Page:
The afternoon perked up with the arrival of an aboriginal tour guide named Millie and her Anglo mouthpiece Megan. We joined the 3:15 tour starting at the Cultural Center and heard tell of the legends surrounding Uluru and how the locals lived before White Fella came to town. Megan, a white Aussie in her 30s, translated what Millie had to tell us about the lives of the spirits and the natives who remember them. Everything Megan said began with “Millie says that.” For a good while I thought that Millie was just for show and that I was witnessing a classic example of cultural appropriation. By the end of the tour, though, it seemed clear that Megan, while knowing her stories pretty well, was often prompted and corrected by Millie. Millie didn’t say much, but she was definitely listening.

The tour left from the Cultural Center and moved on to the Water Hole just next to Uluru. We were shown cave paintings that Millie explained as parts of The Law’s stories. The drawings, like those we saw in Kakadu, were the 10,000 year-old equivalent of a school blackboard. Elders would paint the walls and tell stories to educate children in the Proper Way. That was the way tribal custom and behavior was passed on, Millie said, in the “naked days” before the white man came.


Megan also produced a number of film canisters containing edible or medicinal plants used by aborigines. We all sat in a circle and everyone but Maureen tasted the offerings, at least until Dad found a chunk of glass in his bush plum. Where the hell did that come from? I kept looking and smelling, but didn’t taste after that. At the end of the tour Millie decided she liked our group and let us pose with her for photos.

We left the Center near sunset and had the perfect opportunity to stop at the Sunset Viewing Site just off the road. Of course, everyone else had the same idea. The sunset wasn’t much more spectacular than the one last night from the hill behind the hotel, but we were a lot closer. The Rock didn’t care if we could see purple and red highlights on its flanks, it knew there’d be other times, other sunsets.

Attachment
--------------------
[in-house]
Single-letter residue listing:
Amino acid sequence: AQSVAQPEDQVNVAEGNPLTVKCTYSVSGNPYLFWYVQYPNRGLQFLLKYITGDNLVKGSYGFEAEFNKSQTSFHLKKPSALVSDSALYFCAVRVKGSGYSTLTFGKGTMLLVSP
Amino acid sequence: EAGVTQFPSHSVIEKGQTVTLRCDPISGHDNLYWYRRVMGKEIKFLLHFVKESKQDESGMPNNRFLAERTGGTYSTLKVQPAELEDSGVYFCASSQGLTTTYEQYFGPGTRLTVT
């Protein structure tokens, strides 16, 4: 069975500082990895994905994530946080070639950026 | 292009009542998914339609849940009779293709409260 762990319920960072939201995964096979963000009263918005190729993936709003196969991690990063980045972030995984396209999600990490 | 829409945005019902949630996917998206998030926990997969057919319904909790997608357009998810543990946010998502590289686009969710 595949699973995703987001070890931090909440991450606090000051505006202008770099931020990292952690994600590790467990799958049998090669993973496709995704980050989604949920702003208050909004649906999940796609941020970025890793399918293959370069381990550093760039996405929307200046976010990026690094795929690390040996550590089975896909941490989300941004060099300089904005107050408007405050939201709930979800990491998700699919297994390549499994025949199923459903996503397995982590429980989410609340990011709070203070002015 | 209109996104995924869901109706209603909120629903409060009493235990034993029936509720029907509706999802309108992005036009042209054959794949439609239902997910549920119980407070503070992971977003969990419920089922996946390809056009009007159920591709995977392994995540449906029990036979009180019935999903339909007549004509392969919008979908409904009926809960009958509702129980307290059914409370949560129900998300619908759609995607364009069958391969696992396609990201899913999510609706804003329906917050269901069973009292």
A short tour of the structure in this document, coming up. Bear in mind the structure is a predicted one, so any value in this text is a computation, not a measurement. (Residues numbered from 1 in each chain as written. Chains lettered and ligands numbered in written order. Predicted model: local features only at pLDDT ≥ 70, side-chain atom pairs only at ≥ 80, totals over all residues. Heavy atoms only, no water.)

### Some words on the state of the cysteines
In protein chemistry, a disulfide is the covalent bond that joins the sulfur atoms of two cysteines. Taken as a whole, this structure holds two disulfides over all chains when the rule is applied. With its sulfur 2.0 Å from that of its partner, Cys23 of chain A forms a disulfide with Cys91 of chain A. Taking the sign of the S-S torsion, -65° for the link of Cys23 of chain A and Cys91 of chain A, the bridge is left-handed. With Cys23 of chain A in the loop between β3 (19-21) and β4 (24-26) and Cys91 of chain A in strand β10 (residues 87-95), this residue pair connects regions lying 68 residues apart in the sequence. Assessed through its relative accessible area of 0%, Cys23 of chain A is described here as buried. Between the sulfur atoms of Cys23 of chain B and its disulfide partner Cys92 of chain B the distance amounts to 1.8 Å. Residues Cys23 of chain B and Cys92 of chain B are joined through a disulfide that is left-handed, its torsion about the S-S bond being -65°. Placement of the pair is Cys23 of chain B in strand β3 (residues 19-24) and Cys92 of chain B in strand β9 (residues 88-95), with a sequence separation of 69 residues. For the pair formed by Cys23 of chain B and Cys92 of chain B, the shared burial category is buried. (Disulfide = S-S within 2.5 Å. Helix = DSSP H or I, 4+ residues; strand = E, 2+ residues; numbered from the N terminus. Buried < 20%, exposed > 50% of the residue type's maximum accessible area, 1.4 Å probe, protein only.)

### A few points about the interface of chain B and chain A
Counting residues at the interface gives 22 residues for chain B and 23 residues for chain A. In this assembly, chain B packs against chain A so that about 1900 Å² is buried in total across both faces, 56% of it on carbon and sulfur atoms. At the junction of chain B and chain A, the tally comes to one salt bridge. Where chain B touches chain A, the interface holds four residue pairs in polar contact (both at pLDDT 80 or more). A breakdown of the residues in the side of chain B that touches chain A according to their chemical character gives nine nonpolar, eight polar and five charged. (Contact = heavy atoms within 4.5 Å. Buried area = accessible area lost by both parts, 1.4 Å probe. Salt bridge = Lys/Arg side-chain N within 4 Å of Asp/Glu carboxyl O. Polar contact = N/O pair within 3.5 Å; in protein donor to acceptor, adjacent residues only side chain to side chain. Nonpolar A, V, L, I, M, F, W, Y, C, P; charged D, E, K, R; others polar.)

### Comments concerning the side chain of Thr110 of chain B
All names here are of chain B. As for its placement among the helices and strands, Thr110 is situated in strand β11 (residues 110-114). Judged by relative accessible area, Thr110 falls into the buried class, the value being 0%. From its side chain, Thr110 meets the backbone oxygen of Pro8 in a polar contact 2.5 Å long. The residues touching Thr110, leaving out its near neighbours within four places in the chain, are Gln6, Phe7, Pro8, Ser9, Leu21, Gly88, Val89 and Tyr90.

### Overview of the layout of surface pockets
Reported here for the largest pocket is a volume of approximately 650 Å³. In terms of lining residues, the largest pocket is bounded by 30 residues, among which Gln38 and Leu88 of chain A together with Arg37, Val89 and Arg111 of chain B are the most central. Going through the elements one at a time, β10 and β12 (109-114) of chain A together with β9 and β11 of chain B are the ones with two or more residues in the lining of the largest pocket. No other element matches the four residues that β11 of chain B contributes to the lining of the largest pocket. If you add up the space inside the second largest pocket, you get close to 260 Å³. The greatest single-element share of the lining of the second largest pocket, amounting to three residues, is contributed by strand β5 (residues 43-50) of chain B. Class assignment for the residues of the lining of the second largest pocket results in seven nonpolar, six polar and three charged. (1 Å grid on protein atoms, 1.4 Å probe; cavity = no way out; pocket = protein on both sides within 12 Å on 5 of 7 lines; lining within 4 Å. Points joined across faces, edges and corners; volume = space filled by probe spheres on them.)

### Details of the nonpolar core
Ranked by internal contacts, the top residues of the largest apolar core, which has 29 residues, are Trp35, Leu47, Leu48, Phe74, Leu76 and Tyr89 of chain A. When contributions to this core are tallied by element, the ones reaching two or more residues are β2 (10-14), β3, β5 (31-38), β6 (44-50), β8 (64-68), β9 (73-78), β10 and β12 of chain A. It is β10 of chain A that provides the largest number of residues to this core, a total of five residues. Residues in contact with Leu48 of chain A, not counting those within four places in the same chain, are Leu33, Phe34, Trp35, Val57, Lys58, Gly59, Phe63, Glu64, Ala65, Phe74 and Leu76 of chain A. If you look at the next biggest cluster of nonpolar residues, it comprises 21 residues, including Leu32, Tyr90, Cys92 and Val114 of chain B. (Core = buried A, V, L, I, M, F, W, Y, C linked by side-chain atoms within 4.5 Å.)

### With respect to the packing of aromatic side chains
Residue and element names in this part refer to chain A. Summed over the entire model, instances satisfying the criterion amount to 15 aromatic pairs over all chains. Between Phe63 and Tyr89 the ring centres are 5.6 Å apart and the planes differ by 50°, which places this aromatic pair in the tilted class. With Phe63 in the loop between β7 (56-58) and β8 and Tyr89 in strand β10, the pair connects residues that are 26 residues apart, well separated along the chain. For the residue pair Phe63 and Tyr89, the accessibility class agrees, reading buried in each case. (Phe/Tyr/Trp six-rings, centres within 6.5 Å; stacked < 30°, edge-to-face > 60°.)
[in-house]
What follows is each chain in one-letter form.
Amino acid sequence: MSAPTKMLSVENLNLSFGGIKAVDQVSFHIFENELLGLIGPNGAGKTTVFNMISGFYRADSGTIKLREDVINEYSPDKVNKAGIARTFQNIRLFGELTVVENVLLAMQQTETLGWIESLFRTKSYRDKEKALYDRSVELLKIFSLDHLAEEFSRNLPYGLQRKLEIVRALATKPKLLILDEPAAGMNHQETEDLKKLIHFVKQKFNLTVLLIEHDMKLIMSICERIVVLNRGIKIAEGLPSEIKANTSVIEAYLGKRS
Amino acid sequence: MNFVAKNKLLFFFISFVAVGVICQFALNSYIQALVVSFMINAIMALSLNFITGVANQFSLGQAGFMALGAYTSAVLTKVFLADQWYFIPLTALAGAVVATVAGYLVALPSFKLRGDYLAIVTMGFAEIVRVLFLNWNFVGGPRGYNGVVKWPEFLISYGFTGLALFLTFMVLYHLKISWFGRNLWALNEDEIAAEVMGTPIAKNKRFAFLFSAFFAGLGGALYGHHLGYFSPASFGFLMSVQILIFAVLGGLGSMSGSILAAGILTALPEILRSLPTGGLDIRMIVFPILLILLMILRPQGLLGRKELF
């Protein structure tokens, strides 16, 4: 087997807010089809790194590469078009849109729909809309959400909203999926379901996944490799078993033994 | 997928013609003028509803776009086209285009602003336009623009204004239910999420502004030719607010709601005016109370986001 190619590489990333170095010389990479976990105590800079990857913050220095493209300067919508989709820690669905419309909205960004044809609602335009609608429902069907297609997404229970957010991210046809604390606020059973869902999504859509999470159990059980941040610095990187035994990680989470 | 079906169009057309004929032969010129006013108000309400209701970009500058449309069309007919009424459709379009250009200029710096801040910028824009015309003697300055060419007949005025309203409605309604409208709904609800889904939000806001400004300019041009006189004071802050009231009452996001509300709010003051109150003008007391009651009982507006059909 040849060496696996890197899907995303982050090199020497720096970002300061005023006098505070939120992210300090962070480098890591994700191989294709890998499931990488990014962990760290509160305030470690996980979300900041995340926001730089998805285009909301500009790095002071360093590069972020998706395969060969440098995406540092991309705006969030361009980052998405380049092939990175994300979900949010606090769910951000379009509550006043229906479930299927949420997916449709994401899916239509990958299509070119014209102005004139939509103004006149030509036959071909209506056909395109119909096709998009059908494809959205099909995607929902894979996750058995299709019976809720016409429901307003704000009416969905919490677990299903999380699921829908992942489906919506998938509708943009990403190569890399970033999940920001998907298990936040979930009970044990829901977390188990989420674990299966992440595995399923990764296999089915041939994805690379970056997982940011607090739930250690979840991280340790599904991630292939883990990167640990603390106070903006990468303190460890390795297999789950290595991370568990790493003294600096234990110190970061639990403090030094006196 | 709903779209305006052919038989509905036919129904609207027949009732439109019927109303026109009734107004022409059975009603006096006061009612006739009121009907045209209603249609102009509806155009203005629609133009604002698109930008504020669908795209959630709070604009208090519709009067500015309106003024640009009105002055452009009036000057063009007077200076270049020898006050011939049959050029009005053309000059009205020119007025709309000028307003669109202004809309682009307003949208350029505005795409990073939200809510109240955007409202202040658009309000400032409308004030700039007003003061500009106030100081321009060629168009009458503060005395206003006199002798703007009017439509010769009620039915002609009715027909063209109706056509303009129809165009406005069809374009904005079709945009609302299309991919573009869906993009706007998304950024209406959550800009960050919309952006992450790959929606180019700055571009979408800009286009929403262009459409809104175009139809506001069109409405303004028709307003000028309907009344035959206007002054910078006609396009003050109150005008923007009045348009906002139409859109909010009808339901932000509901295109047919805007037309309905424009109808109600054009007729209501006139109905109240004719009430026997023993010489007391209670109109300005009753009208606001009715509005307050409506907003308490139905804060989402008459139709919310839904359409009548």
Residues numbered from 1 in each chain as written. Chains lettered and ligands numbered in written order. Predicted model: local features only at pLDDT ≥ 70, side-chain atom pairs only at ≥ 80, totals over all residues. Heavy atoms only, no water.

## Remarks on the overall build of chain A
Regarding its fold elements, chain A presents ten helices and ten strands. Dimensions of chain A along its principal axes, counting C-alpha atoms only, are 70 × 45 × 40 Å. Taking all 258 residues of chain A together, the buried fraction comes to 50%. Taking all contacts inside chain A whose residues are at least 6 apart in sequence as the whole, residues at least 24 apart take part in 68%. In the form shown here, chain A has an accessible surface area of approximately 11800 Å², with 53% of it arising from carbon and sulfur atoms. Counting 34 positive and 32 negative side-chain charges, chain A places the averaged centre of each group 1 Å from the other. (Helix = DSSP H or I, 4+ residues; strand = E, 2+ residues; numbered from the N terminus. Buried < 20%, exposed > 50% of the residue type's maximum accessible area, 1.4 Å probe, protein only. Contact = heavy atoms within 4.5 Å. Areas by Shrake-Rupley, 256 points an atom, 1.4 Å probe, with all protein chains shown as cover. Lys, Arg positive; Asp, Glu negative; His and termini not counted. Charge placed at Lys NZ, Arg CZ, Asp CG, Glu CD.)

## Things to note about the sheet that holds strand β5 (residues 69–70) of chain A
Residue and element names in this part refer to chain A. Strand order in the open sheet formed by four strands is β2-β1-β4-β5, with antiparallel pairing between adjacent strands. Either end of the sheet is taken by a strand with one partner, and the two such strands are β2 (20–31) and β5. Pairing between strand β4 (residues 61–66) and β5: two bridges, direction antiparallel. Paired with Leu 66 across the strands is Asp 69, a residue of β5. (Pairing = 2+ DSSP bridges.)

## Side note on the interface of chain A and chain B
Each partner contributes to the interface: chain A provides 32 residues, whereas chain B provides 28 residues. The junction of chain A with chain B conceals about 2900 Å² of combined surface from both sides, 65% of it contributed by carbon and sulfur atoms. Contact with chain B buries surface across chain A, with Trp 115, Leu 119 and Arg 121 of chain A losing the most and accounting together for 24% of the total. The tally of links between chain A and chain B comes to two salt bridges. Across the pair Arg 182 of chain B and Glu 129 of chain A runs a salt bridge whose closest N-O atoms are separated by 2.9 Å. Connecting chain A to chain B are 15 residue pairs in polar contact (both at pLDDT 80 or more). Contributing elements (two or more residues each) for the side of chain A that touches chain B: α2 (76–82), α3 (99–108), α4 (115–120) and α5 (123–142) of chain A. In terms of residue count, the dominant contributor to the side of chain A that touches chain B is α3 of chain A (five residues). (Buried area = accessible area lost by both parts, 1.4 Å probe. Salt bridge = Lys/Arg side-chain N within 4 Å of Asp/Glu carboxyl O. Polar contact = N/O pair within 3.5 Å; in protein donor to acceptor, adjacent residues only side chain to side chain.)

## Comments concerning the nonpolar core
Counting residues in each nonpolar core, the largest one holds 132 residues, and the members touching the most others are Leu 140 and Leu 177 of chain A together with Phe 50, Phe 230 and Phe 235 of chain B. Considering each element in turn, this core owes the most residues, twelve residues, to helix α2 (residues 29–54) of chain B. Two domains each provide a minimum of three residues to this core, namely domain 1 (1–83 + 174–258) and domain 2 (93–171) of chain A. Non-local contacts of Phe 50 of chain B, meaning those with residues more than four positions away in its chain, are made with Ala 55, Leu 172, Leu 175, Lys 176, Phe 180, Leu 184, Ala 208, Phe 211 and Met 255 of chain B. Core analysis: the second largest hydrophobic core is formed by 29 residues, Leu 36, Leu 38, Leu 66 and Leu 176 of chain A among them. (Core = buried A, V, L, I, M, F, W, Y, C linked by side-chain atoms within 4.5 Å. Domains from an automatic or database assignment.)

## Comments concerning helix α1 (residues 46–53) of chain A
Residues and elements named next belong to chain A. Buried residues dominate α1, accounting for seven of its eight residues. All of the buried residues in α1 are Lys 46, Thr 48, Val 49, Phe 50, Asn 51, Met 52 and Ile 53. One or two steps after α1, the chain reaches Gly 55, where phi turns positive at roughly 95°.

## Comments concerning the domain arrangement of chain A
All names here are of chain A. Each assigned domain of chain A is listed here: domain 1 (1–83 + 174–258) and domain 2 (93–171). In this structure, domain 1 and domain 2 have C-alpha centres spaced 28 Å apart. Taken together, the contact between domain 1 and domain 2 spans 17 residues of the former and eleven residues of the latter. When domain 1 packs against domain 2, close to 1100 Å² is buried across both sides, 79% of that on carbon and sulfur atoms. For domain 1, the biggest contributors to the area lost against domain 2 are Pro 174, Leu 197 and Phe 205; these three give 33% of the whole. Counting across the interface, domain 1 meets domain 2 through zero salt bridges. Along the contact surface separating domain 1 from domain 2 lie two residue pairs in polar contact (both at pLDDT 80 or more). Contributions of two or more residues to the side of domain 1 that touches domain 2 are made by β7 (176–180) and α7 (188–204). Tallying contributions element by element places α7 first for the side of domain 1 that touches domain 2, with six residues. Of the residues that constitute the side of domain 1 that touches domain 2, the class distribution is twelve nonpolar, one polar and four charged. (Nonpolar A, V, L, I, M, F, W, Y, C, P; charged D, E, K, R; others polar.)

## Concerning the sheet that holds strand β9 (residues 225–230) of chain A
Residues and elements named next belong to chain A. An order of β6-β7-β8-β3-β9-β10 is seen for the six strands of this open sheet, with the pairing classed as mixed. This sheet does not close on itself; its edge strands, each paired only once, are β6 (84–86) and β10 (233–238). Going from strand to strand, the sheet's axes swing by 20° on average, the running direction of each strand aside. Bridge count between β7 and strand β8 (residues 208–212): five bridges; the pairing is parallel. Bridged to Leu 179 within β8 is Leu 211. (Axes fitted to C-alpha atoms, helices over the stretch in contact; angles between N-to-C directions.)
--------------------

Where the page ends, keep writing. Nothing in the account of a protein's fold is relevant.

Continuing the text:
Half an hour later, convinced by a quick visit to the other fancy restaurant that our first choice was the best, we sat down to a nice dinner. Bryan had oven-fired pizza, Maureen linguini with shrimp, Dad the creamy duck and gnocchi, and I had salmon with risotto and a huge Mediterranean salad. Two days of chicken nuggets and fries had pushed me to the edge and I wanted greenery bad. The cool green cucumber in my salad went beautifully with the Kalamata olives. We also tried the Clancy wine, a red blend of cabernet, merlot, shiraz and who knows what else. It was a big hit.

For dessert I invented the “lattea,” a cup of tea with hot foamed milk. (Ok, it’s a tea latte, but tell me lattea isn’t a better name:) It took some explaining but the waitress managed to translate my request into a steaming hot cup of delightfully restorative beverage. The perfect end to a fascinating day.

Red paint on sandstone
Through heat
and rain, through gods
and dreams


Read Full Post »

Maya Angelou, Poet, Activist And Singular Storyteller, Dies At 86

This is such a loss. And yet…

I’ve learned that no matter what happens, or how bad it seems today, life does go on, and it will be better tomorrow. I’ve learned that you can tell a lot about a person by the way he/she handles these three things: a rainy day, lost luggage, and tangled Christmas tree lights. I’ve learned that regardless of your relationship with your parents, you’ll miss them when they’re gone from your life. I’ve learned that making a “living” is not the same thing as making a “life.” I’ve learned that life sometimes gives you a second chance. I’ve learned that you shouldn’t go through life with a catcher’s mitt on both hands; you need to be able to throw something back. I’ve learned that whenever I decide something with an open heart, I usually make the right decision. I’ve learned that even when I have pains, I don’t have to be one. I’ve learned that every day you should reach out and touch someone. People love a warm hug, or just a friendly pat on the back. I’ve learned that I still have a lot to learn. I’ve learned that people will forget what you said, people will forget what you did, but people will never forget how you made them feel.
― Maya Angelou

I still remember finding a battered, much-read copy of Angelou’s I Know Why the Caged Bird Sings on my parents’ bookshelf, and meeting her singular voice. That woman knew how to live.

Read Full Post »